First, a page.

Home Plans Kite Plans: Single-Surface Making a Cocktail Napkin Kite

Making a Cocktail Napkin Kite

Napkin Kites




Kites in the size range of about 1 1/2 to 4 inches can be made from cocktail napkins.† They are reasonably light and stable fliers when a suitable tail is attached.

The cocktail napkin kite originated after a birthday party I attended where they had some napkins with a funny gorilla on it.† The graphics on the napkin looked like it would be good on a kite.† It was easy: cut the sail from the napkin and glue skinny bamboo spars to the back, attach the flying line and a tail and it was ready to fly.† Some adjustment of the bridle point was necessary, but it was made to fly reasonably well.† Since that first kite, many more have been made in a variety of sizes, shapes, and materials.† Some adjusting of the bridle point, the tail, and some tweaking of the dihedral and sail angles is sometimes necessary to get good flying, but this is true of much larger kites too.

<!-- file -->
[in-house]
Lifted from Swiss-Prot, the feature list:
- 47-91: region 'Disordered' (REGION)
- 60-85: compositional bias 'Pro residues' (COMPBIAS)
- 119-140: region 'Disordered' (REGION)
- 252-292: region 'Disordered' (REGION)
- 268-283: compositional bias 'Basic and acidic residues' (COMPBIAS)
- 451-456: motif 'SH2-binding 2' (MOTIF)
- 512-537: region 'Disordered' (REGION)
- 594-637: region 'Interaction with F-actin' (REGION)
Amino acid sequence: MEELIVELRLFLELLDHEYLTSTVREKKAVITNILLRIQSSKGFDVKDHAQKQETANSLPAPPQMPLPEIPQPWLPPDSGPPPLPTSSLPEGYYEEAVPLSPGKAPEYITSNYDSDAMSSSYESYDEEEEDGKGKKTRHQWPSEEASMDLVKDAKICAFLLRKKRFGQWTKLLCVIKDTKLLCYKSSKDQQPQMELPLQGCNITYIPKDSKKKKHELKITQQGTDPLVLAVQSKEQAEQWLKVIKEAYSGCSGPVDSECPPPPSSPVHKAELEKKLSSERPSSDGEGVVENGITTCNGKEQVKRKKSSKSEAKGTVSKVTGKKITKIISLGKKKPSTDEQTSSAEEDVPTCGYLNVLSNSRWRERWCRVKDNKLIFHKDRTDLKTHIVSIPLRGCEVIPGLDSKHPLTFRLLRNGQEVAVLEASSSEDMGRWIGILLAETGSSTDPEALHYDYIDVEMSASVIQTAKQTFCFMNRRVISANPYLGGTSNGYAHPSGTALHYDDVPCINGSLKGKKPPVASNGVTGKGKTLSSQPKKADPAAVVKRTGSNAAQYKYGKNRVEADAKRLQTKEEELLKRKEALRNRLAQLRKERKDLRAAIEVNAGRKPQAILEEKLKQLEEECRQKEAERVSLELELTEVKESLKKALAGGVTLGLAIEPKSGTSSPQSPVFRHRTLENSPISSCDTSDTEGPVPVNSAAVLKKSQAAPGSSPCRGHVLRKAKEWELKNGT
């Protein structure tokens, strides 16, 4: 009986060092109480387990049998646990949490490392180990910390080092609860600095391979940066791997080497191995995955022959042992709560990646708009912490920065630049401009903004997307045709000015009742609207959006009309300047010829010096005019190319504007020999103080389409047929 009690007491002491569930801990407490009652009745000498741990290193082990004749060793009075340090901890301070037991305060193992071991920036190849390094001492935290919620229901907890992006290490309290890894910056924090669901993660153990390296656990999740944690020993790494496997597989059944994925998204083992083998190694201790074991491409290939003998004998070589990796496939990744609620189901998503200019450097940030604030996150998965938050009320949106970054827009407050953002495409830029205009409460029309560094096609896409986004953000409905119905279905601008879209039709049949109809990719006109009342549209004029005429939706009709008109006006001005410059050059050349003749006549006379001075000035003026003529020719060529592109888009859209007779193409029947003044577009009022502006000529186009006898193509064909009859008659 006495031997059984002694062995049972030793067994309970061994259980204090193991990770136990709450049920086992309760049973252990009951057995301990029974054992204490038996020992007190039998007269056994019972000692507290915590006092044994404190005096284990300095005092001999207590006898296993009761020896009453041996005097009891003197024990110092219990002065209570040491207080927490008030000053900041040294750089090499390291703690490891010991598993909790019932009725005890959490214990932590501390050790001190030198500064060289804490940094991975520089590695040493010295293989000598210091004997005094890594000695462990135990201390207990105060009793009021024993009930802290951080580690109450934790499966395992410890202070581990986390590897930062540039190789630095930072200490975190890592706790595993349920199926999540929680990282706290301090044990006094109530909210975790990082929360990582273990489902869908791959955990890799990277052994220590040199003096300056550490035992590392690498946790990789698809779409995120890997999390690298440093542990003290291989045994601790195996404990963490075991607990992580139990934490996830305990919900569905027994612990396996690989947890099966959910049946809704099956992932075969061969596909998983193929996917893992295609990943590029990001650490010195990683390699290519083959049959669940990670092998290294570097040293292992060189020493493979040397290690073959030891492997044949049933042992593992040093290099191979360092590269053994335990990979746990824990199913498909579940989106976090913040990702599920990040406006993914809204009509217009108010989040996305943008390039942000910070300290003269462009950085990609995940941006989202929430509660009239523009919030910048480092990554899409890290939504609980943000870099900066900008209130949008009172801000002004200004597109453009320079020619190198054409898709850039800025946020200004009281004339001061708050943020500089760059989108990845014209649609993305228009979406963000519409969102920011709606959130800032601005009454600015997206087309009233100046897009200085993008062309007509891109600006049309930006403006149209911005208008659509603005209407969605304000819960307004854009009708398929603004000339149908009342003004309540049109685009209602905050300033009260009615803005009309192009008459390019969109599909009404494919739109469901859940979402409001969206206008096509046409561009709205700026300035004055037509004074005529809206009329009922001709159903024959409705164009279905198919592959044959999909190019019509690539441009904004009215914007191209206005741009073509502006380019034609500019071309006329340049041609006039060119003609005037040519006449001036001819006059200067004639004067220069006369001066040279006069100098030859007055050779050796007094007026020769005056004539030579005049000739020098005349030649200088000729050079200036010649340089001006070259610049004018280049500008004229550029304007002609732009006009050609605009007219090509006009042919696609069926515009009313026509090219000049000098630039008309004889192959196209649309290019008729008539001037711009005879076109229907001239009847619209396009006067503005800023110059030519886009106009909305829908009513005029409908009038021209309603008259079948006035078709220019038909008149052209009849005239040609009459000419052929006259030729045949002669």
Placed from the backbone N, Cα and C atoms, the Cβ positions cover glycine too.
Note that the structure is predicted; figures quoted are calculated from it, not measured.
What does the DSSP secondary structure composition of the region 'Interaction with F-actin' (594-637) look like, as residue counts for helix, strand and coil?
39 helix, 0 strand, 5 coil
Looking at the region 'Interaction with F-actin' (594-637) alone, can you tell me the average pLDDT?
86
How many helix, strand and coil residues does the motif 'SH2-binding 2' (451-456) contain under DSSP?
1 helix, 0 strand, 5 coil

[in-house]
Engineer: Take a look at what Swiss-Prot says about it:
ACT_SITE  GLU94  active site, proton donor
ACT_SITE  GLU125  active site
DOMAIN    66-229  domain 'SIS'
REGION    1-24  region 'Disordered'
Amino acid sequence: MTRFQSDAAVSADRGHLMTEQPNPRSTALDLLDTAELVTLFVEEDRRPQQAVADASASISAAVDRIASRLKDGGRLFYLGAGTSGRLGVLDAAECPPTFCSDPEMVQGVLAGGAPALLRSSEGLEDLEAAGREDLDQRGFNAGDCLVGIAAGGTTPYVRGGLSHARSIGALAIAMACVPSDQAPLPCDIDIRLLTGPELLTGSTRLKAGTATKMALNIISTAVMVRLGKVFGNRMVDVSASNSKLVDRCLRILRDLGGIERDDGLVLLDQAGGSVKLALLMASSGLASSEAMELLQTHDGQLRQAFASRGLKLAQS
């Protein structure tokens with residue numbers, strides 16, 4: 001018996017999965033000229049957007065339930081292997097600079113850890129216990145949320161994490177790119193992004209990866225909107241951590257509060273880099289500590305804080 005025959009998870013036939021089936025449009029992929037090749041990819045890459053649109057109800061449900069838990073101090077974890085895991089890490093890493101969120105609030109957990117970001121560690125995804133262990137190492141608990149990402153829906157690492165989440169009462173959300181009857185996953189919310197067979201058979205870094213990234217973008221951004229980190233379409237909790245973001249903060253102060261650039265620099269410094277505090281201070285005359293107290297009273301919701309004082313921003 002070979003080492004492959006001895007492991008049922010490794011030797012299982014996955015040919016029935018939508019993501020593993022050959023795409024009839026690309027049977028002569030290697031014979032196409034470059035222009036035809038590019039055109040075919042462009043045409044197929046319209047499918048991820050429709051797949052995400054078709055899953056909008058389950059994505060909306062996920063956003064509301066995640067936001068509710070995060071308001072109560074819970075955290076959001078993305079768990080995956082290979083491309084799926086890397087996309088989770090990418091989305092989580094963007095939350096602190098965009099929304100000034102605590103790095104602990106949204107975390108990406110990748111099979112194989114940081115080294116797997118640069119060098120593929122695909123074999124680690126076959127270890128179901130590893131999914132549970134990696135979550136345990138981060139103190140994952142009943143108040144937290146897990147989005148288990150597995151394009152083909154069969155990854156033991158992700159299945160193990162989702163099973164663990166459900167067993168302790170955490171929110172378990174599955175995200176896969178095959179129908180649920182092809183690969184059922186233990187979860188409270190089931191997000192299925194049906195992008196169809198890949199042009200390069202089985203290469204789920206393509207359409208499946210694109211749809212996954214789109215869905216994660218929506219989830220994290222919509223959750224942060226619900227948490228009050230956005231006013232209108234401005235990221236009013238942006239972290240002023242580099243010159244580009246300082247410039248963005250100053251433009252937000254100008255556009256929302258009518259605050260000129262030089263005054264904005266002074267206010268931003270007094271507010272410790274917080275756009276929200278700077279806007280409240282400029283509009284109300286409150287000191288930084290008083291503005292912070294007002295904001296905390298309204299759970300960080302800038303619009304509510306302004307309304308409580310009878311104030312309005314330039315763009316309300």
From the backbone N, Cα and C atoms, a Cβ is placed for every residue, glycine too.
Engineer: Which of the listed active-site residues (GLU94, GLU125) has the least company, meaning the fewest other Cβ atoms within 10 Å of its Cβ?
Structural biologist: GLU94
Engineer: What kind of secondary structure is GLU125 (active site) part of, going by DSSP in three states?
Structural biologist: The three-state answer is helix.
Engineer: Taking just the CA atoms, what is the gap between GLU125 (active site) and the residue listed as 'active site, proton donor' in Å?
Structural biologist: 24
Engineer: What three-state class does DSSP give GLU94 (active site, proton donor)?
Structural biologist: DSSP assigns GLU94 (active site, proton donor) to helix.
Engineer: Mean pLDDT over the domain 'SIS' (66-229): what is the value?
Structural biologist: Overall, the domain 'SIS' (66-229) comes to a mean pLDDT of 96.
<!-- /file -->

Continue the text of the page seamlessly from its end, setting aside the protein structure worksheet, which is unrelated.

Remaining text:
Paper napkins, and the cocktail napkins in particular, are available in a variety of colorful designs and patterns.† There are special patterns for Holidays, special occasions such as birthdays, weddings, graduations and retirement.

Materials and Tools

For this sample project, I recommend the following:

†† 1. Good lighting.
†† 2. A magnifying glass.
†† 3. Paper napkin.
†† 4. White glue.
†† 5. Bamboo or nylon bristles for spars.
†† 6. Good tweezers.
†† 7. Very sharp, double-edged razor blade of the old carbon steel type (that snaps when it breaks instead of bending like the stainless steel type).
†† 8. Flying line.
†† 9. Clear tape.
† 10. Reel.
† 11. Storage box.

Construction Procedure

Preparing the sail: